Message Sticks: Outback hip hop hybrid

Sarah-Jane Norman

For some time now, local hip hop stalwarts Morganics and Wire MC have been conducting workshops with the young Indigenous communities of Bourke, Wilcannia and Broken Hill. The aim has been to arm the kids with a fresh, potent form of expression that they can own and share. The first big success to come out of this process was the Wilcannia Mob with their 2002 hit Down River, which made it to No. 51 on JJJ’s Hottest 100 and scored the group a set at Homebake. River Rhythm Beatbox delivers something quite different. A showcase of 23 young, outback hip hop artists with Morganics and Wire sharing the production seat, the show is a multimedia smorgasbord-beats, words, visuals, documentary, movement—in effect, performative storytelling, that essential practice where Indigenous and hip-hop cultures speak to each other.

The night begins with a dual acknowledgment of ownership—to the traditional owners of the site, the Gadigal people of the Eora nation, and then to the traditional owners of hip hop. As we enter, a video montage of the streets of the Bronx circa 1971 is playing on the largest of the space’s 3 projection screens and DJ Swipa is spinning Grandmaster Flash’s The Message. The flavour of the space at this moment is overwhelmingly urban and American—we are a long way from Broken Hill. But it’s just a passing, respectful nod to the Old Skool. Respect, after all, is the motto of the medium: acknowledge and have pride in your roots, but don’t strangle yourself with them. The room blacks out. When the screens come back to life, we’re all on the dry road out west, listening to Charlie Pride on Koori Radio.

The performers mingle casually in the space, taking turns in the limelight, while audiovisual material—of the river, of the desert, of the local chicken shop and the IGA—anchors us at the narrative source. We hear testimony after testimony from the kids and the locals about the benefit that hip hop has had in the community. We see the recording studios; we hang out. At no point are we allowed to forget that this show, these performers, have come from somewhere, a somewhere that we are allowed to see and feel instead of just imagine. But this documentary element is necessary not only to provide context, but to remind us that what we are viewing is not a neatly packaged finished product. It’s a window into a process—dynamic, honest, warts and all.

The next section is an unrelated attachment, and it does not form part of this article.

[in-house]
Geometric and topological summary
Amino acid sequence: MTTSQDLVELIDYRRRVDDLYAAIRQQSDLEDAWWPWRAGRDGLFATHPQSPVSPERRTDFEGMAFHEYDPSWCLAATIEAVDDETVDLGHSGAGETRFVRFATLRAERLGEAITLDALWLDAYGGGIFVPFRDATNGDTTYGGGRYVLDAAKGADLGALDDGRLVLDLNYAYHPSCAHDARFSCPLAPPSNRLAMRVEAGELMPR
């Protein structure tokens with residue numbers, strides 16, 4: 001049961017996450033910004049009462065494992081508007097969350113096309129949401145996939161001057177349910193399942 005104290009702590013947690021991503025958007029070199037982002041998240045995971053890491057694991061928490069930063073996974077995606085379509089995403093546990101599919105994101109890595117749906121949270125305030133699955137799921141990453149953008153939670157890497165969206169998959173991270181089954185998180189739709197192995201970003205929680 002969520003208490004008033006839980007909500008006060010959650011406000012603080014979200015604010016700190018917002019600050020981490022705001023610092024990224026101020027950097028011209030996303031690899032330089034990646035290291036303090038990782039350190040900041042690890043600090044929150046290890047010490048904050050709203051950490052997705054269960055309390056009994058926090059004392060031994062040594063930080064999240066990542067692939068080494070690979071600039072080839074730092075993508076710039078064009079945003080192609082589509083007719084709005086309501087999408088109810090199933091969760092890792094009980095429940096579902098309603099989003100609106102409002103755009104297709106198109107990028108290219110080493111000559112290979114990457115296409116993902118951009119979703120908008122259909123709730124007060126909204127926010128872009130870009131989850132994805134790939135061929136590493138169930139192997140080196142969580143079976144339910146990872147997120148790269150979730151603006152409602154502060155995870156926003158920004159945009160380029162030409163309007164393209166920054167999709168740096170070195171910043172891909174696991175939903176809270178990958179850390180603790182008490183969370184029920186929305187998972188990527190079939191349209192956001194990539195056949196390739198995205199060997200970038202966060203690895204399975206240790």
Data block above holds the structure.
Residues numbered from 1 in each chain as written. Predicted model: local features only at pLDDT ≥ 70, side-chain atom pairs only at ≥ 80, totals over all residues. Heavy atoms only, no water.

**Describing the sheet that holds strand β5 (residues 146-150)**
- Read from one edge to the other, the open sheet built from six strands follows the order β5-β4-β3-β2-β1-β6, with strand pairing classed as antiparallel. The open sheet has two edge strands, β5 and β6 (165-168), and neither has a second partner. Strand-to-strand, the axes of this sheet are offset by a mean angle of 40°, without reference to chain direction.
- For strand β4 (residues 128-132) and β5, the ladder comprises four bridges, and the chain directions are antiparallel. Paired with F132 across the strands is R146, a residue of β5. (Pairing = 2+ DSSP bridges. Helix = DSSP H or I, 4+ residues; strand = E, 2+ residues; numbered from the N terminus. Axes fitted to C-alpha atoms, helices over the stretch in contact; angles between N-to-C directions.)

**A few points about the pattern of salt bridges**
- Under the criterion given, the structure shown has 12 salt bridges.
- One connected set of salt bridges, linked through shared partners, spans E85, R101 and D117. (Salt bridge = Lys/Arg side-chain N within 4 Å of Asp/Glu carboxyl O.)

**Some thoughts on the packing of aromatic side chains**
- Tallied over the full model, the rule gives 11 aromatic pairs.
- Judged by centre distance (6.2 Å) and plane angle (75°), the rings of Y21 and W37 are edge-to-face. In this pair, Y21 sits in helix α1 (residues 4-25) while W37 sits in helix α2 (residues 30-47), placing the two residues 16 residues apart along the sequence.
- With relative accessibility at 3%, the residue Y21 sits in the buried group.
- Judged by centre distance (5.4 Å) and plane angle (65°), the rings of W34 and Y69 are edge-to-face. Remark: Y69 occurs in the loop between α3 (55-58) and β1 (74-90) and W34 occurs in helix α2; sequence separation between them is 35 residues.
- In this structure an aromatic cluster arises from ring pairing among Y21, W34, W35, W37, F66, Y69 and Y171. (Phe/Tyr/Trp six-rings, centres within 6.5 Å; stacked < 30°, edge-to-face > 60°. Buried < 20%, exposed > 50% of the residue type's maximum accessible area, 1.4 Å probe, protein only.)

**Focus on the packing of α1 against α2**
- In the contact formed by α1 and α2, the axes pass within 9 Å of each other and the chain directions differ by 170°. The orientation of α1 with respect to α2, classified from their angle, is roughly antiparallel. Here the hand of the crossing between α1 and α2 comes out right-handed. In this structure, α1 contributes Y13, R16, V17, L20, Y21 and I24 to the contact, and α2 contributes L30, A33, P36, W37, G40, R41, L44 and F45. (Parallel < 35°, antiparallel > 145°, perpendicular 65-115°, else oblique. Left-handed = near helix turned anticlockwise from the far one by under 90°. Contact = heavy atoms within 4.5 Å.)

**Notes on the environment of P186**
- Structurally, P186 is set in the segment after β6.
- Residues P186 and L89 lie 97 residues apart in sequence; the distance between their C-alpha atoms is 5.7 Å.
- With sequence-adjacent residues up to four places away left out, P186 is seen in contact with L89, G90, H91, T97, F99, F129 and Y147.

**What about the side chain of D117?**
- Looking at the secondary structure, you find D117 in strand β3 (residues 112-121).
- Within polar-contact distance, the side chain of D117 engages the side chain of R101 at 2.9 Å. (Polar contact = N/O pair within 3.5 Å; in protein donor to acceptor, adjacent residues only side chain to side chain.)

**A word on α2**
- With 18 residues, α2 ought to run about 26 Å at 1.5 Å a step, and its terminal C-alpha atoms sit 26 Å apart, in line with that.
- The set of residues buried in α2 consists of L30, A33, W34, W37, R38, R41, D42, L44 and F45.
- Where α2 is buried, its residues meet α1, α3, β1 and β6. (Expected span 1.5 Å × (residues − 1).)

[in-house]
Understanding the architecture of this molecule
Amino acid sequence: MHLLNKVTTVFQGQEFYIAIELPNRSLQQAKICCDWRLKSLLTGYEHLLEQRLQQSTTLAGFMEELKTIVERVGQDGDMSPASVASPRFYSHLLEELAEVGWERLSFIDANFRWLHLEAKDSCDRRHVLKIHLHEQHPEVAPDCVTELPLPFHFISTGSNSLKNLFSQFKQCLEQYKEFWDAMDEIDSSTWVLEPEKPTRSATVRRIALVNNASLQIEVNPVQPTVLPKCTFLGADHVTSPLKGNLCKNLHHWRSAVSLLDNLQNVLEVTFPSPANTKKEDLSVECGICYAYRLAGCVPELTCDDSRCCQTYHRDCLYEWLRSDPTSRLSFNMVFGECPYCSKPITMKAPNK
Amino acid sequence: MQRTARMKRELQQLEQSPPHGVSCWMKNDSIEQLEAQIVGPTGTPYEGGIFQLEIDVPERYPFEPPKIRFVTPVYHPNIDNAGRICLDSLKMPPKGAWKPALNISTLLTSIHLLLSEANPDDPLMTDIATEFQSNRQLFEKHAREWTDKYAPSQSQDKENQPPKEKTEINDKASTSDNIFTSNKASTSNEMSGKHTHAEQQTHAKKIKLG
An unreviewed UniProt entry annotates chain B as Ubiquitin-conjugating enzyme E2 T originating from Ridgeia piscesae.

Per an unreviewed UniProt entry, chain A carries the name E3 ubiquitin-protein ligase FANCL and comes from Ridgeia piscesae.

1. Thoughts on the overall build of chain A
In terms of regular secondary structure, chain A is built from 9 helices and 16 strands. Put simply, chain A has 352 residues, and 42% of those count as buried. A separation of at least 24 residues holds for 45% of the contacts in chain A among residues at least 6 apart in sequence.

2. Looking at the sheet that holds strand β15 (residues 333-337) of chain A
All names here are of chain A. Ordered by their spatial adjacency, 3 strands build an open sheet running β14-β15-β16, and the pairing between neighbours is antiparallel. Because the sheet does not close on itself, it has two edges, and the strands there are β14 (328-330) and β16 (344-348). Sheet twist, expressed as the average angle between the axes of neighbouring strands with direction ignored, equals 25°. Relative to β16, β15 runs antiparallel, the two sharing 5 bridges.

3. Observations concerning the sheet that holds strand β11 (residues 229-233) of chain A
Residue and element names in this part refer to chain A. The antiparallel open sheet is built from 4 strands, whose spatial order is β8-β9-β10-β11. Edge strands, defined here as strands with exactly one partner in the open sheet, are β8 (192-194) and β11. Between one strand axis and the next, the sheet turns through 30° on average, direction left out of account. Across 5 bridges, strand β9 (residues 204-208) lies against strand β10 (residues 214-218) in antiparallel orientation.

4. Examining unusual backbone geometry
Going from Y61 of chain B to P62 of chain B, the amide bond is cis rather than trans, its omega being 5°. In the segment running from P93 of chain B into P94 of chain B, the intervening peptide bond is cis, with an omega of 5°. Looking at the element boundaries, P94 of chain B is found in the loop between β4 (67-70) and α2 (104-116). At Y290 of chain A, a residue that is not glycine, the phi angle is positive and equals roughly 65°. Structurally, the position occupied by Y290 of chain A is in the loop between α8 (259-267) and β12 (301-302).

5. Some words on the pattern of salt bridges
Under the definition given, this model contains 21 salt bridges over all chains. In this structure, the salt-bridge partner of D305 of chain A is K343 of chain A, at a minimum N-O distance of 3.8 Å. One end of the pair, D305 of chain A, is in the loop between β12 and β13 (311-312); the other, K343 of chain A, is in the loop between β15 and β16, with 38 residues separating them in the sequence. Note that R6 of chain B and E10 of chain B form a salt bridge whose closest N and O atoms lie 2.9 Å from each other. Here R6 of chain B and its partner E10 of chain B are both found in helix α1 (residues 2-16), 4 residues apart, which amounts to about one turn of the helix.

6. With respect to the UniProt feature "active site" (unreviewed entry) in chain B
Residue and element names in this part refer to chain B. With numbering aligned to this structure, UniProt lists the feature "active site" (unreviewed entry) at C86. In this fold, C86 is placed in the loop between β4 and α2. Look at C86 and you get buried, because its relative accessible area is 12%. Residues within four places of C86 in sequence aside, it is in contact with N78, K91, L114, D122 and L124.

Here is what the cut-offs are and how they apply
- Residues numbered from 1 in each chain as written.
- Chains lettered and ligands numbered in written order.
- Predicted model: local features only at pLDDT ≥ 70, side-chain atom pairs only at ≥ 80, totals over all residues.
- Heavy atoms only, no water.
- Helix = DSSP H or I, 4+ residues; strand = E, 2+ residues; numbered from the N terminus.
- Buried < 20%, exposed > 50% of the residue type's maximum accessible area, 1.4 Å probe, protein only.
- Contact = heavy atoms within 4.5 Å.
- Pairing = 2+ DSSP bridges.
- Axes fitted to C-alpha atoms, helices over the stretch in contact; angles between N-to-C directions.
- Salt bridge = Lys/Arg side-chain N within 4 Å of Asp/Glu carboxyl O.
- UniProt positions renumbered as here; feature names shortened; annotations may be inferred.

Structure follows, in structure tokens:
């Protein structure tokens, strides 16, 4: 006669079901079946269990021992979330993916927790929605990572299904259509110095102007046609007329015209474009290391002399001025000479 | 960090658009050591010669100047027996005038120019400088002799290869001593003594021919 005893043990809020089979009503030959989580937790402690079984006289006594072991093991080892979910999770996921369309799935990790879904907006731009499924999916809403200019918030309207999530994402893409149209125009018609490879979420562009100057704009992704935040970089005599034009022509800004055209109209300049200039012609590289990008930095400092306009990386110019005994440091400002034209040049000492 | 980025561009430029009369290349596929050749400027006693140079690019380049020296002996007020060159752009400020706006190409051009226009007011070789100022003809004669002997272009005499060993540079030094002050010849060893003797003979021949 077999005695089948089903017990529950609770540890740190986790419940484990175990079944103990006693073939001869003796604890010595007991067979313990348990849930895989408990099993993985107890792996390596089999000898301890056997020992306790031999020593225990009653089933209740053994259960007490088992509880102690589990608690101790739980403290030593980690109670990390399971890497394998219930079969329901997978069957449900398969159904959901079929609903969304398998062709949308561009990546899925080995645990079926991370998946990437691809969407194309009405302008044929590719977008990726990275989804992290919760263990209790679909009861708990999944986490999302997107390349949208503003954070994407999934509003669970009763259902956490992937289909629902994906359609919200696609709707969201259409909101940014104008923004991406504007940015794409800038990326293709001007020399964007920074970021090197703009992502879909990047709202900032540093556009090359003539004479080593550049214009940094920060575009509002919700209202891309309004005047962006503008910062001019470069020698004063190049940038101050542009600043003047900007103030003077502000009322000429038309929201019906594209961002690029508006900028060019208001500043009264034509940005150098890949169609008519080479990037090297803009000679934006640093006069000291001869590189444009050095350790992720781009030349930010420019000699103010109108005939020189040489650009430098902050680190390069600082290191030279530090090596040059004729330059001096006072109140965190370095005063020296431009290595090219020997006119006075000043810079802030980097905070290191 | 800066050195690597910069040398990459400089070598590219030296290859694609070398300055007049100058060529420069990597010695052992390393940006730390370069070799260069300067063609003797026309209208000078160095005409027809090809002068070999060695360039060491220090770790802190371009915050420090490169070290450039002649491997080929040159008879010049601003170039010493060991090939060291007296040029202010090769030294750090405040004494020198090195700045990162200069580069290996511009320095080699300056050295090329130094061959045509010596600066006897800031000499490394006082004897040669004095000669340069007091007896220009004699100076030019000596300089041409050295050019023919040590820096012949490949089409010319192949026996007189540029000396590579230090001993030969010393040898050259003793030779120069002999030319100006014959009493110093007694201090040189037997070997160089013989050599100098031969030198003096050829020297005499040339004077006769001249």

The word ‘showcase’ is often read as ‘amateur night.’ This is not the case here. With ages ranging from 7 to 20, it is true that the bulk of the performers are young and green, but there is some real talent here. Standouts include the Back Lane Brothers (a group of boys with serious presence and skills), the Broken Hill Girls (present only in video form, but with great lyrics), Victor Riley and Lisa Webster (high energy and a sense of humour) and the Wilcannia Mob (they haven’t lost their touch: the room goes wild for Down River). Any grumblings about the grafting of an “American culture” onto an “Indigenous landscape” emanating from the more cynical corners of the audience have been silenced by the end as the perfection of the partnership becomes self-evident.

It’s about time Indigenous culture was given the freedom to hybridise, and River Rhythm Beatbox pulls it off beautifully. Traditional culture permeates the entire performance. It’s present in the instrumentation (the didj has a sound almost tailored to hip hop), the unique arrangement of beats, and the rhymes themselves. But at no point does this feel forced, like the performers are trying to actively ‘Indigenise’ hip hop. They are far too honest for that. Their roots are just there, constantly present as an ancient influence on a contemporary practice. It seems that it is not just hip hop that’s benefiting Indigenous kids; Indigenous kids could teach hip hop a few new tricks as well.

Message Sticks: River Rhythm Beatbox, The Studio, Sydney Opera House, May 28-30

RealTime issue #62 Aug-Sept 2004 pg. 46

© Sarah-Jane Norman; for permission to reproduce apply to realtime@realtimearts.net

1 August 2004